But the bill’s definition of a liable “platform” also includes those that are entirely built around customized curation. Under the Filter Bubble Transparency Act, TikTok would need to offer a version of your “For You Page” that isn’t, well, for you. Spotify would need to offer a version where it’s not allowed to recommend artists you might be into or concerts in your area. Netflix would turn from a service tailor-made for binging into something that’s more like browsing at Blockbuster (RIP).


Even if you’re not a fan of those platforms, this bill applies to any “public-facing website, internet application, or mobile application” that uses curation algorithms. This extends way, way beyond typical tech platforms in ways Buck and co. likely didn’t anticipate. Every major airline uses these sorts of algorithms to determine the price of your airline ticket, for example. In the current covid-19 hellscape, hotels are starting to tap these sorts of systems to get customers to book more stays, and grocery stores are turning to content curation to get customers through the door.

At their worst, personalization algorithms fuel political polarization and extremist beliefs that undermine society. At their best, though, these systems do exactly what they’re designed to do: cut down on the paralyzing information overload someone might feel when deciding what to buy for dinner that night, or what movie they want to watch after. An uncurated app isn’t only one that’s less divisive, but it’s also one that’s more overwhelming to use, and less... well, useful overall.


Facebook’s own internal research bears this out. In a 2018 document simply titled “What happens if we delete ranked news feed?,” which you can read for yourself here, an unnamed researcher described how the company turned an unspecified number of user’s Facebook feeds “roughly chronological” for two weeks. (This document was released by Haugen’s team to Congress and a group of publications including Gizmodo, the New York Times, the Atlantic, and many more.)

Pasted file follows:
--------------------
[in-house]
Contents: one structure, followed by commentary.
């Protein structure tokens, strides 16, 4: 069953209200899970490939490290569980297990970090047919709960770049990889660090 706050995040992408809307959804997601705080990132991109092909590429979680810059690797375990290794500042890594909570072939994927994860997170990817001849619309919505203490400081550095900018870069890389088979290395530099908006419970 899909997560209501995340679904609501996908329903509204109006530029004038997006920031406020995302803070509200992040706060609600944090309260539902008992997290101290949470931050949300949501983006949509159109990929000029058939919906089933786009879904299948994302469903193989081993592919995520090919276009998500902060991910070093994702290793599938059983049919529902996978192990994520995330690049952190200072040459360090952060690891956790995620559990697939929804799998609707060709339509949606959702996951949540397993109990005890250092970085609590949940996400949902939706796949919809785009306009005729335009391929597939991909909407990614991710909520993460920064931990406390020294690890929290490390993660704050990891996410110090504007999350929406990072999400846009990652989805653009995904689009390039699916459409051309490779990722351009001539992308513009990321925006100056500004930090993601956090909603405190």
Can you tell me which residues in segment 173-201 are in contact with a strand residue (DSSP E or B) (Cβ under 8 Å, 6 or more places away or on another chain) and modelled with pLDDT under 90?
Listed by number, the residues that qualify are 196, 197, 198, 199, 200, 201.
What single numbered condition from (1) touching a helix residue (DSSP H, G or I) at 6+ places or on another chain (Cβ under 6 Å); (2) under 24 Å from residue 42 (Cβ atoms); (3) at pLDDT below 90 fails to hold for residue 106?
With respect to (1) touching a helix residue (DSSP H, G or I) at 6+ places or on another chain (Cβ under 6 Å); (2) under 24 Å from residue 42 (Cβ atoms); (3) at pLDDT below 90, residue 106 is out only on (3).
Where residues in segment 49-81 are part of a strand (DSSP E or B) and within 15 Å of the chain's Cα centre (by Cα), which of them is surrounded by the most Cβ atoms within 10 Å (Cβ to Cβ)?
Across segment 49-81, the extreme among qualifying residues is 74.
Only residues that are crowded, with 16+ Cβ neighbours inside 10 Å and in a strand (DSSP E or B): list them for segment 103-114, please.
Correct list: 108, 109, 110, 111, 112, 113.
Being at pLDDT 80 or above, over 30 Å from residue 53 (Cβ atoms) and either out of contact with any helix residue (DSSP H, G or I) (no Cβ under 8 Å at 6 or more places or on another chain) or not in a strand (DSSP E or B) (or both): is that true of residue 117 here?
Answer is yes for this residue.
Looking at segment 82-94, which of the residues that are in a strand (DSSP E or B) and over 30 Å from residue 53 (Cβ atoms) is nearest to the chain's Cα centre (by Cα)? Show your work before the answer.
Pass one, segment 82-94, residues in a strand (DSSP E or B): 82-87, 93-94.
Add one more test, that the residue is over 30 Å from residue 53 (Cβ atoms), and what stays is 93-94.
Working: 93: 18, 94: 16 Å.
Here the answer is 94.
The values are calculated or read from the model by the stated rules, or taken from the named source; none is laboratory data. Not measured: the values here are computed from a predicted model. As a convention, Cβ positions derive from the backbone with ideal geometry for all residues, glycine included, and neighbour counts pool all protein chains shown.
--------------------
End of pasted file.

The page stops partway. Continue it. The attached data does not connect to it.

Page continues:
The good news: People that were part of this experiment used News Feed less, but they also used Facebook less overall. The bad news: It turned Facebook into an even more miserable experience that was less about keeping up with your closest friends and more into a hub for Groups and Pages.


In other words, the chronological feed turned Facebook into something akin to Reddit, which isn’t really a compliment.

As the researcher pointed out, being faced with a more “boring” feed didn’t temper people’s time on the platform all that much—just where on the platform they were spending it. Time spent in Facebook Messenger, and in Groups spiked up considerably, as did time spent using Facebook’s search engine. People’s feeds featured more group content (50% more, according to the report), and less content from their friends (20% less).


“Unconnected public content edge stories,” which refers to posts telling you that one of your friends commented on someone else’s page or profile, “more than double[d],” according to the document. The researcher chalked it up to the way these posts are “massively” downranked by Facebook’s usual recommendation algorithms, since these sorts of posts are seen as a “constant quality complaint” from most users. (I can confirm, these posts are super annoying).